In A Dangerous Deceit, Eccles frames the death of three men around the larger story of the inhabitants of the quiet market town of Folbury and the complicated relationship between two age-old families, the Rees-Talbots and the Scroopes. Opening as Margaret Rees-Talbot and Symon Scroope plan their marriage, this tale has them both anxious to find not only love but also a warm place and purpose in a bleak and coldly shunning world.
Margaret isn't entirely sold on the good-looking Reverend Symon, whose fascination for her seems almost too good to be true. While Margaret is riddled with old hangups and worried whether or not she really wants to marry him, Symon is determined not to start their married life in Alma House, the ancestral home of Margaret and her argumentative, headstrong brother Felix who has recently been filling his head with “a bunch of preposterous socialist ideas” from his exotic, left-wing university friends.
The unexpected death of Felix and Margaret’s father, one-armed Osbert Rees-Talbot (who slipped under the bath water and was unable to save himself), throws everything into disarray. Though Margaret’s grief for her father is natural, she must rise to the occasion and meet the obligations of her family. She finds herself consciously waging a battle with her own psyche that persists in tearing holes in the seams of a burgeoning “forever” kind of relationship that she fears might actually be the real thing.
Eccles spends much capital on detailing Osbert’s past in the South African Boar War and his connection to Lady Maude, Symon’s aristocratic mother. Lady Maude’s memories, drifting down through the years and refusing to be banished, lend heartache and tension of the story and provide the “whodunit” scenario that characterizes much of this author’s work. For Lady Maude, there’s a part of her past life she prefers not to dwell on—that is until Symon’s engagement brings it all back. Maude can do little but think about the handsome Rees-Talbot brothers, Osbert and Hamer, both dashing Army officers who she met in Cape Town after her recovery from measles.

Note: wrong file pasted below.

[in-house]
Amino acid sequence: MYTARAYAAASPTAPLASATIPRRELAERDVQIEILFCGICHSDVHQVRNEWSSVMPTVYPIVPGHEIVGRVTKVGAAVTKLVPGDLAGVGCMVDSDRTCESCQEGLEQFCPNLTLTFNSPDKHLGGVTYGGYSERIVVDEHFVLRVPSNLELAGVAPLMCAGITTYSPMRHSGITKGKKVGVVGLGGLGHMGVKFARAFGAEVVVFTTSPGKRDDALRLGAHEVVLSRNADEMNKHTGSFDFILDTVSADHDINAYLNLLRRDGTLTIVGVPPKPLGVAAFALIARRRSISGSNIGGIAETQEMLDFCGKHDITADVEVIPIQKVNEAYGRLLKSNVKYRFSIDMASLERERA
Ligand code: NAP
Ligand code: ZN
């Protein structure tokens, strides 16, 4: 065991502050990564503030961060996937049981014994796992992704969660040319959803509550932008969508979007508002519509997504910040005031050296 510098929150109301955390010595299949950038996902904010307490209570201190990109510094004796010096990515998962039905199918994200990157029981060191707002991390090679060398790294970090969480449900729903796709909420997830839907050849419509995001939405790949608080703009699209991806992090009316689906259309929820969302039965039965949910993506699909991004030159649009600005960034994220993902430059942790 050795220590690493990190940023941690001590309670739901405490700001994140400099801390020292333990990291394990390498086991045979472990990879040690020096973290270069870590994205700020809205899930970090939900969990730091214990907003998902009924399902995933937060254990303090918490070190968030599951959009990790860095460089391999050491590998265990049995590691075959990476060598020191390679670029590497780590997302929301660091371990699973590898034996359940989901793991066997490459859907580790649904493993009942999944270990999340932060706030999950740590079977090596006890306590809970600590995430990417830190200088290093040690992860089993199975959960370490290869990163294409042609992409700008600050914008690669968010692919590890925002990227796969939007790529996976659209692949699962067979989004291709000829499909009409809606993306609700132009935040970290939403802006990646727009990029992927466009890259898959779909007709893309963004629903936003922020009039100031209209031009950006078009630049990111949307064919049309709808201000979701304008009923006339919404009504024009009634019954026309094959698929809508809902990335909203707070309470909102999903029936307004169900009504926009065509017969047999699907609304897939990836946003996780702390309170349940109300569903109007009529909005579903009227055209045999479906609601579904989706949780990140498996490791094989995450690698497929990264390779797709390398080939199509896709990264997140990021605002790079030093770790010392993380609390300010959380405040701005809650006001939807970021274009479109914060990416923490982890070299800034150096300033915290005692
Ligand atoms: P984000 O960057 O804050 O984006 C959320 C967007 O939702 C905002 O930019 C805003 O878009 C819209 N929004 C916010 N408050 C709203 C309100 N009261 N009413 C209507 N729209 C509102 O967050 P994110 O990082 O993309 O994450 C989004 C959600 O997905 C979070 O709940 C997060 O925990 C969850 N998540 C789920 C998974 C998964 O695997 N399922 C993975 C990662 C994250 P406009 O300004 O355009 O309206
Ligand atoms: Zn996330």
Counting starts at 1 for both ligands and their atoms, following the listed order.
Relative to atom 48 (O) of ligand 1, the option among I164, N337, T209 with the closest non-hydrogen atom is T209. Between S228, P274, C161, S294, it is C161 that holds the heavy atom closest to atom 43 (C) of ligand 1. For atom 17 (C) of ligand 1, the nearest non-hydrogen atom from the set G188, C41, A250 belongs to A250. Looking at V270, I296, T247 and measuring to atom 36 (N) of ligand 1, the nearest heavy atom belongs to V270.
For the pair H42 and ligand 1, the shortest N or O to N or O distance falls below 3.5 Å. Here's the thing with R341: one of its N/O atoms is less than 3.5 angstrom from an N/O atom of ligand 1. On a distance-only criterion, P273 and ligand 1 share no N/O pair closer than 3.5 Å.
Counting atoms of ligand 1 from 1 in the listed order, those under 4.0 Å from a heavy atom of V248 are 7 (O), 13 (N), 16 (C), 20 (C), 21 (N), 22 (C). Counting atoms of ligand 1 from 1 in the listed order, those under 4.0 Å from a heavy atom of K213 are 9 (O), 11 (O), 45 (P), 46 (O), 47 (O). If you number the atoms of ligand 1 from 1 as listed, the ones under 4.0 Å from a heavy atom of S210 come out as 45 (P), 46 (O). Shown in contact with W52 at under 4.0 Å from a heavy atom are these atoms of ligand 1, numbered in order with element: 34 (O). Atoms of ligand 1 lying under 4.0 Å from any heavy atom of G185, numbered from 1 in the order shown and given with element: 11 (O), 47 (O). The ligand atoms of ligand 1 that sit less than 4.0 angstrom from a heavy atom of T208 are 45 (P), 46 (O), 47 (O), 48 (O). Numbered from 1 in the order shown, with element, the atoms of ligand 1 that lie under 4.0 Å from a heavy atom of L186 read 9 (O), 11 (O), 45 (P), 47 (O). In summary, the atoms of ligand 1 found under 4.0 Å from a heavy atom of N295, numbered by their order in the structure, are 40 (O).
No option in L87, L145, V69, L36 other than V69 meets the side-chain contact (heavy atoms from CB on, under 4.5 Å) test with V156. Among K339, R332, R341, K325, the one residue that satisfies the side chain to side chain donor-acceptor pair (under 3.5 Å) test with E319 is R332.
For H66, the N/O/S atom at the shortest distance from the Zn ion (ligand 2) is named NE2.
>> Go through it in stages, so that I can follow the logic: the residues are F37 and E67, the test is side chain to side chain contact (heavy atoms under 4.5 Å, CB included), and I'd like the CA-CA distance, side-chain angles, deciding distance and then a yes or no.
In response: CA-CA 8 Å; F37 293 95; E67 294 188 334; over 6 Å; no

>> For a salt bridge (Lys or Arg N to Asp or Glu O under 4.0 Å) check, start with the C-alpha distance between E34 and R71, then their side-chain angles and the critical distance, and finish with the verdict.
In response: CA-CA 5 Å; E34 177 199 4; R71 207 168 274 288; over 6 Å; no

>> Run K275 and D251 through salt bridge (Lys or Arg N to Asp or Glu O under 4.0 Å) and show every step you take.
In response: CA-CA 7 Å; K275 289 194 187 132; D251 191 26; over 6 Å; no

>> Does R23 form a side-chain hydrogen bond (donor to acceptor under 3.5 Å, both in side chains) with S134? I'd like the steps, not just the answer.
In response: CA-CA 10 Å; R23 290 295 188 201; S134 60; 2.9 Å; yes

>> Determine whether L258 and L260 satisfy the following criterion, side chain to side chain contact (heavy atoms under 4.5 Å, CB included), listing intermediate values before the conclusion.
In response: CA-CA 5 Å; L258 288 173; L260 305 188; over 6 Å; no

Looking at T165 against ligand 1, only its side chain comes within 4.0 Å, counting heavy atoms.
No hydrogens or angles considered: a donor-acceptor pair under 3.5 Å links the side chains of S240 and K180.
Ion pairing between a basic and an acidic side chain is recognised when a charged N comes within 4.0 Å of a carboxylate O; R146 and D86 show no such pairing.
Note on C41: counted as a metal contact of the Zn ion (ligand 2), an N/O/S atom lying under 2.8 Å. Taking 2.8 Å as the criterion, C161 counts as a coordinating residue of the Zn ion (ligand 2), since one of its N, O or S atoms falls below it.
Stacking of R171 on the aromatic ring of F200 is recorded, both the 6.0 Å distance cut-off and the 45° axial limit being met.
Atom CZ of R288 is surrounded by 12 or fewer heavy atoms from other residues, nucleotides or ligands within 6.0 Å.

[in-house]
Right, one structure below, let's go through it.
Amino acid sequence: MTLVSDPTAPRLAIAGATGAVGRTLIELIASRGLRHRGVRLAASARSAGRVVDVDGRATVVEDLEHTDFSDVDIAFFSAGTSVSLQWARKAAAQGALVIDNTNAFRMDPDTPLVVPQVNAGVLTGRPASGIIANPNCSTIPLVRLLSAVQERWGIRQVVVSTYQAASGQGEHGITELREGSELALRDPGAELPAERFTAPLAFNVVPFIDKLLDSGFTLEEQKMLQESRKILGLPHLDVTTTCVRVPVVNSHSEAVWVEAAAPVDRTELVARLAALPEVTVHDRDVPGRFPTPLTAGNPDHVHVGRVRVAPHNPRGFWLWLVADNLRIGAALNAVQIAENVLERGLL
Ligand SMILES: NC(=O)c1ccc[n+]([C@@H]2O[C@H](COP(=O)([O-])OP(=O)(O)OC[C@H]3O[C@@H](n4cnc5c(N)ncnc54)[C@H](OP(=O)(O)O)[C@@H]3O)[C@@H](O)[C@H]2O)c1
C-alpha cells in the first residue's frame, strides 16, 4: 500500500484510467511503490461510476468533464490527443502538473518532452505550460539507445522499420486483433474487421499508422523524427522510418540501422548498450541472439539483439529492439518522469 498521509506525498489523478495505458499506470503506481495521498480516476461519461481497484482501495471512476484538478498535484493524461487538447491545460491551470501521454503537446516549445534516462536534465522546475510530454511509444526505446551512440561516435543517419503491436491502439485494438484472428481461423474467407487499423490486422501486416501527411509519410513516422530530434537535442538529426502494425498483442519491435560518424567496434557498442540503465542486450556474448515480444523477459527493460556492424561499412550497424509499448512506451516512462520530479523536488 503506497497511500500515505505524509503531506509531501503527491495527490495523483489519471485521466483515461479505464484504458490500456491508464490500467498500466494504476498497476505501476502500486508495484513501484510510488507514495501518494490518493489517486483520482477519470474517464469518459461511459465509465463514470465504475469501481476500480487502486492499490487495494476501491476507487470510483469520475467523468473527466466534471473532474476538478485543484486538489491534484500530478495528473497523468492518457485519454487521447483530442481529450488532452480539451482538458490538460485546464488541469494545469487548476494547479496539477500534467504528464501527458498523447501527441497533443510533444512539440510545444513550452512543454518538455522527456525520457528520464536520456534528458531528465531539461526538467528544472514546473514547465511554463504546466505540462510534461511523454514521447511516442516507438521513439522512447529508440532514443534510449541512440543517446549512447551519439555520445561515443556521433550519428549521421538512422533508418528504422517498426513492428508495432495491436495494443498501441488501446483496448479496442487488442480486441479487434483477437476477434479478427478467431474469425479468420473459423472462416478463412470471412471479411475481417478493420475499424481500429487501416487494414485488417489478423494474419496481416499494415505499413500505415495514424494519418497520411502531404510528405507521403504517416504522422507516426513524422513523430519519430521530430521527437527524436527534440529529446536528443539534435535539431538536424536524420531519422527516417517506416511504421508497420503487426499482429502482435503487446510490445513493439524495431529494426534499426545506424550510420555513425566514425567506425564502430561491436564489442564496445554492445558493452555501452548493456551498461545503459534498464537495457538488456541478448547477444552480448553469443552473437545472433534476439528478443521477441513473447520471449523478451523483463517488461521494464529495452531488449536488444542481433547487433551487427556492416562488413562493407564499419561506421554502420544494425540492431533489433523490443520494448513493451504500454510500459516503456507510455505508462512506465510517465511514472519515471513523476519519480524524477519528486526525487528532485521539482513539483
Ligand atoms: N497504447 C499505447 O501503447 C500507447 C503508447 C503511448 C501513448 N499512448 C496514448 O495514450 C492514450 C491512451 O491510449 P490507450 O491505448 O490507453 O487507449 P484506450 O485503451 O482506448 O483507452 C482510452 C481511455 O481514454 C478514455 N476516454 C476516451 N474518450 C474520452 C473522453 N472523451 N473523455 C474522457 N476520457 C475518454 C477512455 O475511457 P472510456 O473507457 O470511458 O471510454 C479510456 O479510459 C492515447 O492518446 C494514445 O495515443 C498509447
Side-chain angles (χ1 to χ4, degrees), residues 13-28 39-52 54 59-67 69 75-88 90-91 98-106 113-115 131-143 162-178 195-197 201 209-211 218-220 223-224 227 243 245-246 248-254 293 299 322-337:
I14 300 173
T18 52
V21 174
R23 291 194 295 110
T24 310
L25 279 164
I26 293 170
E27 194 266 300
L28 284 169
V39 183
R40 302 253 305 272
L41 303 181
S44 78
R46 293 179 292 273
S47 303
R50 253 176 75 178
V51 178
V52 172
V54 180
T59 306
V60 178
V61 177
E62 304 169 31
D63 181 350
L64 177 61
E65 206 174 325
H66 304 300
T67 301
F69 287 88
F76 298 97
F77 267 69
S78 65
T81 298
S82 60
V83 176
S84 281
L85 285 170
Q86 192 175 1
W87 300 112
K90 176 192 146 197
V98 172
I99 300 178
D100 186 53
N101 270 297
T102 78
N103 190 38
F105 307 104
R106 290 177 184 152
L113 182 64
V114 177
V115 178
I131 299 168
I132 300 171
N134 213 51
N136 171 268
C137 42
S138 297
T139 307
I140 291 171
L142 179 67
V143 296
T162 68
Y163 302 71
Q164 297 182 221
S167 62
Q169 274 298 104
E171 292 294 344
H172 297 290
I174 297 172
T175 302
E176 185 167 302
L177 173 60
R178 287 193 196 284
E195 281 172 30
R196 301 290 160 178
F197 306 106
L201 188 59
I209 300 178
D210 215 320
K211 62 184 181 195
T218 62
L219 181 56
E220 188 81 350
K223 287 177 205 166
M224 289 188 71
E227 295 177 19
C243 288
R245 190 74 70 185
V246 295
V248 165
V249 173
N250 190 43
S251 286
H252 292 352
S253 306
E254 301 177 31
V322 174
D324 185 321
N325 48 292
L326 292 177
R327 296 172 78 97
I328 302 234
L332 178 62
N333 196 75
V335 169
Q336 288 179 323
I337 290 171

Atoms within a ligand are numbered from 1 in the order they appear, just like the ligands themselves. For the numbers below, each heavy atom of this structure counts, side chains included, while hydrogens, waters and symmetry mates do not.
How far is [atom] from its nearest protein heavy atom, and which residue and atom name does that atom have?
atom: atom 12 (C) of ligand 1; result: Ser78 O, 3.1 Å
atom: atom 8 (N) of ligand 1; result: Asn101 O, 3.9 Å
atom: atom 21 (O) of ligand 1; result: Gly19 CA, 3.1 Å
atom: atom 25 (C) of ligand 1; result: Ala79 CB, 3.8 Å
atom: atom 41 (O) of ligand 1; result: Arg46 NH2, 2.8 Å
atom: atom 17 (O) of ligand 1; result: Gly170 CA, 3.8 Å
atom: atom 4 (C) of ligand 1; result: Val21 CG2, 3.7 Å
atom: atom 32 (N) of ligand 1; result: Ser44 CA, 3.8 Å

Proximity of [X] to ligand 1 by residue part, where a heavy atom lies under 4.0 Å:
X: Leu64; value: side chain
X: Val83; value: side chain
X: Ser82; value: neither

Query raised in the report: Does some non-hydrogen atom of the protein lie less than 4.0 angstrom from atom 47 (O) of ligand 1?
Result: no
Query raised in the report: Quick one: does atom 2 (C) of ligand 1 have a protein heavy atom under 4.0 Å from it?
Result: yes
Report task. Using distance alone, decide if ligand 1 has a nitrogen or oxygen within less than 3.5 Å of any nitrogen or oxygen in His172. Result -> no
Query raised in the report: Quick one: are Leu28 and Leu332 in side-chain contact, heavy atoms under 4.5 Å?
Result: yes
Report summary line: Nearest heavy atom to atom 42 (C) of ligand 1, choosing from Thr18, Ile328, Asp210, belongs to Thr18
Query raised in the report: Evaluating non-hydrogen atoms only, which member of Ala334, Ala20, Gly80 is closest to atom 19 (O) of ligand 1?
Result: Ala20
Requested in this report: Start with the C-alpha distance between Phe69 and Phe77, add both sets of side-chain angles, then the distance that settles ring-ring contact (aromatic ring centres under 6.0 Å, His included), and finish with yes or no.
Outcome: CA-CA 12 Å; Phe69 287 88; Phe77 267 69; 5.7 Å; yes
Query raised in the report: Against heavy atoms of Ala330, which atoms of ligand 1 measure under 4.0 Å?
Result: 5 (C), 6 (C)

The author frames Maude’s sojourn to South Africa around her current life, regressing her back to her existence at Maxstead House. The discovery of a body in a field nearby sends her into a maelstrom of disturbed feelings. Labeled “the Snowman,” the body is that of a youngish, well-built man. Only war-scarred DI Herbert Reardon (fresh from his experiences in Eccles’ earlier novel Broken Music) and Sergeant Joe Gilmore can succeed with their easy ability to investigate the events leading up to the discovery of the body and also the possible murder of local garage owner Arthur Aston.
In a case full of unlikely leads with nothing to connect them, the possible suspicious demise of Aston adds yet another murder into the mix not two months apart. Reardon and Gilmore uncover a delightful array of suspects, but the focus soon turns to Aston’s small engineering workshop on Henrietta street, where they become convinced that Eileen Gerrity, the middle-aged woman who actually runs the office, knows more than she’s telling—as does Lily, Aston’s unhappy wife who may have just decided to get rid of an “unsatisfactory husband.”
This is England just after the Great War where themes of upper-class entitlement, the nobility under precarious circumstances and the working-class view of aristocracy are pivotal to the story. So are blackmail, the link to South Africa, the decaying Maxstead Mansion, the cold winter weather, the growing feelings between Joe Gilmore and Lady Maude’s maid, and the bad blood between Osbert and Aston, thrown together by their respective fates. Eccles expertly unfurls the nuanced revelations between each character, adding tension and literal insult to injury, leading us head-first into a shocking denouement with surprising repercussions for both the Scroopes and the Rees-Talbots.